And so we finally come to the end of our festival season. Not quite, but almost! Shemini Atzeret, the next-to-last stop on the holiday bus line, looms before us in all its mysterious opacity and then, finally, we get to Simchat Torah…the last stop of all before it’s all finally really over and the “real” year really begins with all of its tasks and challenges.All of our Jewish festivals have features that are to some degree out of sync with the modern world, but Simchat Torah is in some ways the most egregiously out of step with the values moderns espouse and which we teach our children to esteem. In a world that values efficiency, Simchat Torah is about doing something—in this case, pondering the text of the Torah and mining in its quarries for new meaning and renewed inspiration—in a way that couldn’t possibly be less efficient: by reading it aloud slowly and precisely, over and over and over, year in and year out. In a world that values speedy attention to pressing matters, we could not possibly do our pondering more ponderously…or more laboriously. And, of course, we don’t just read the text out loud, we chant it according to a set of musical notes that, because they are not actually written in the scroll, must be memorized in advance. It’s true that those signs serve as a kind of bare-bones punctuation system, but what they really do is make it impossible to race through the text at breakneck speed even for the most accomplished reader. Instead, each word is sung out, thus of necessity separately pronounced and individually presented to the congregation for its ruminative contemplation. Most Americans, of course, are done being read to when they learn how to read in first or second grade. But shul-Jews are never done…and we never quite finish either: as soon as we get to the last few lines of the Torah, we open a different scroll to the very first column and start reading again. Again.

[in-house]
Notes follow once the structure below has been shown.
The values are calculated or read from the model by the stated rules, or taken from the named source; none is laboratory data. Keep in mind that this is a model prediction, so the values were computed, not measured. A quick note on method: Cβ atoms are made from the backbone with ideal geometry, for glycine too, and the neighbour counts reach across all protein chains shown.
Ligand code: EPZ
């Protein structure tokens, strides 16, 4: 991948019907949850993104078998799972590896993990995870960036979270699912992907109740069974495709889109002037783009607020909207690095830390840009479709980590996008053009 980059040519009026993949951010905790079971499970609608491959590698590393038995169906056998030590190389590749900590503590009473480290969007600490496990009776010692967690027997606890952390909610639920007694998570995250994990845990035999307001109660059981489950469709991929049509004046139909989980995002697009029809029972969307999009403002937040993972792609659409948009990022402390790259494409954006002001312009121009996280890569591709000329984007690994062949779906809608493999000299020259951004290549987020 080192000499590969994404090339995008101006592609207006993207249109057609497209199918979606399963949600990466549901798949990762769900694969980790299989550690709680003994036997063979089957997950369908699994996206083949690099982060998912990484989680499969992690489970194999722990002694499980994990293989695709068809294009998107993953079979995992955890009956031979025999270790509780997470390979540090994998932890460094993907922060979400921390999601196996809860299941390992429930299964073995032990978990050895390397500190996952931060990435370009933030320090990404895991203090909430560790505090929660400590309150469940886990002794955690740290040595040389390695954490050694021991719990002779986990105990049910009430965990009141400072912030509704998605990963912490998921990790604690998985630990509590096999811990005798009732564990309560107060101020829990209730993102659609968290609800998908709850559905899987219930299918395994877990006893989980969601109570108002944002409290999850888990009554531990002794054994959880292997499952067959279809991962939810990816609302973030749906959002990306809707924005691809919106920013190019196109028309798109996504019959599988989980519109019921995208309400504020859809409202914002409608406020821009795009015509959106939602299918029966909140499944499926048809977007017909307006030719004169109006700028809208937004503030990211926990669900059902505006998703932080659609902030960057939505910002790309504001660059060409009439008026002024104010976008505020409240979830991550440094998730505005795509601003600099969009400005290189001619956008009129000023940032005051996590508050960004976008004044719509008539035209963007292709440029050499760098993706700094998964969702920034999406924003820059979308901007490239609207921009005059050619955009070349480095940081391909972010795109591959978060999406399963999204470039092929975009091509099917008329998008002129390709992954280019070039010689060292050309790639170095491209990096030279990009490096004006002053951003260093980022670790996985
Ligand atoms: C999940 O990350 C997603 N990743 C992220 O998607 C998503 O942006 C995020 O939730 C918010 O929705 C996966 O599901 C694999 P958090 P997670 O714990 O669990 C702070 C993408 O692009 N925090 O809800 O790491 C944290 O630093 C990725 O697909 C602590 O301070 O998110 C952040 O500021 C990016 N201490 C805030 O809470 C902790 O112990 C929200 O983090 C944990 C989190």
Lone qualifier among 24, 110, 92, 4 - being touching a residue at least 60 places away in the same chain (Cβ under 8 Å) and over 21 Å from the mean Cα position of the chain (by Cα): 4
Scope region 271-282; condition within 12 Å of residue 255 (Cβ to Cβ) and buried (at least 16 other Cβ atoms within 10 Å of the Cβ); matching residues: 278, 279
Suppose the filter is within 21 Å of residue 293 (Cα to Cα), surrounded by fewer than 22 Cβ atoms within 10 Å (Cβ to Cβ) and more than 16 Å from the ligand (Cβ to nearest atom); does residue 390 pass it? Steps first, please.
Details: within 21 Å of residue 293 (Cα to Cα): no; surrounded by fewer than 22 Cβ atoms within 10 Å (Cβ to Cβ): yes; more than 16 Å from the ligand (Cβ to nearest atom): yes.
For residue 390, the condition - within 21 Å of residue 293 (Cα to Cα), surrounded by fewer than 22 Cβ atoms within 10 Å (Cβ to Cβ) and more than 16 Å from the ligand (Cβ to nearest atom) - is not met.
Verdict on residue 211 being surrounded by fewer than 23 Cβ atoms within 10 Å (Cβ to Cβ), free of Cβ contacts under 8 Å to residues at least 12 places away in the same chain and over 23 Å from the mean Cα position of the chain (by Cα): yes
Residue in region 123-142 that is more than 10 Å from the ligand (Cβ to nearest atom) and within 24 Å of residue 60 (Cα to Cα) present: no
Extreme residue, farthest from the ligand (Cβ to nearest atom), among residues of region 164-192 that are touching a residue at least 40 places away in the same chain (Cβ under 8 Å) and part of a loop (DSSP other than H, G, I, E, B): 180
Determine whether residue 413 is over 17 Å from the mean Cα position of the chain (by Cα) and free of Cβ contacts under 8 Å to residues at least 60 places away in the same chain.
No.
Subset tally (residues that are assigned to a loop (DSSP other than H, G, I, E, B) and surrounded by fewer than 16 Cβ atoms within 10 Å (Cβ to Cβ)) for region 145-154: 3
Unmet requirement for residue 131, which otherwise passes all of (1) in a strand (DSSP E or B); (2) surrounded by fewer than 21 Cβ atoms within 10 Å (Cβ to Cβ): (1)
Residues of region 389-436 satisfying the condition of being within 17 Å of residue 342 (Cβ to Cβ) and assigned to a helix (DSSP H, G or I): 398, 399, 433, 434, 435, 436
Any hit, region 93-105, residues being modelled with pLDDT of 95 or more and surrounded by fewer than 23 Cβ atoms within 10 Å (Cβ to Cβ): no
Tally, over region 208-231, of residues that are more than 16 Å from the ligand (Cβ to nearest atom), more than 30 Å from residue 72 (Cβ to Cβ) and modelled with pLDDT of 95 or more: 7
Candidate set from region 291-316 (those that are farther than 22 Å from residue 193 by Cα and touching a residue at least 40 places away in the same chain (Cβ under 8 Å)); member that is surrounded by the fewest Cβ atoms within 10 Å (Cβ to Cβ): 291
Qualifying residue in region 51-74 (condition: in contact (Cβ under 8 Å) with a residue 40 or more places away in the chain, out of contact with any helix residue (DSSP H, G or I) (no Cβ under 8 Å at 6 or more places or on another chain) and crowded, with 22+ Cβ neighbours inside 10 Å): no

We train our students in school to read as quickly as possible. I remember occasionally having to read several hundred pages from one class to the next in college and graduate school, which, since I was generally taking at least four or five courses at once, meant having to develop the skill not only of reading at top speed but also somehow of retaining all, or at least most, of the insane number of pages I was attempting to read at once. I took notes, obviously. But even that had to be done according to a streamlined system that didn’t impede my progress too dramatically. The key was to find the right balance between volume and comprehension: reading without recalling content was useless, but not getting through the reading assignment before the next class was not a very good plan either! In the end, I learned how to read very quickly, which skill I retain to this day. And I remember most of what I read too. So there’s that!But there’s reading and there’s reading…and to participate in the annual reading of the Torah requires learning to read extremely slowly, carefully, and deliberately. It requires being open to insights hiding behind the details of a confusing narrative or a complex exposition of details regarding some abstruse area of law. Mostly, it requires a level of humility that no professor in grad school sees any point of attempting to instill in his or her students: listening week in and week out to the weekly lesson, on the other hand, requires bringing a level of surrender to the enterprise that stems directly from knowing that the same text read this week will be read aloud next year (and the year after that as well), yet knowing that none of us will ever truly get to the point at which we’re done learning, at which we’ve simply managed to squeeze all the juice there is to have from that particular orange, at which there is simply no point to review the same text again again. The bottom line is that you can’t read Scripture too slowly, too deeply, or too carefully! But who in our modern world wants to do anything slowly at all?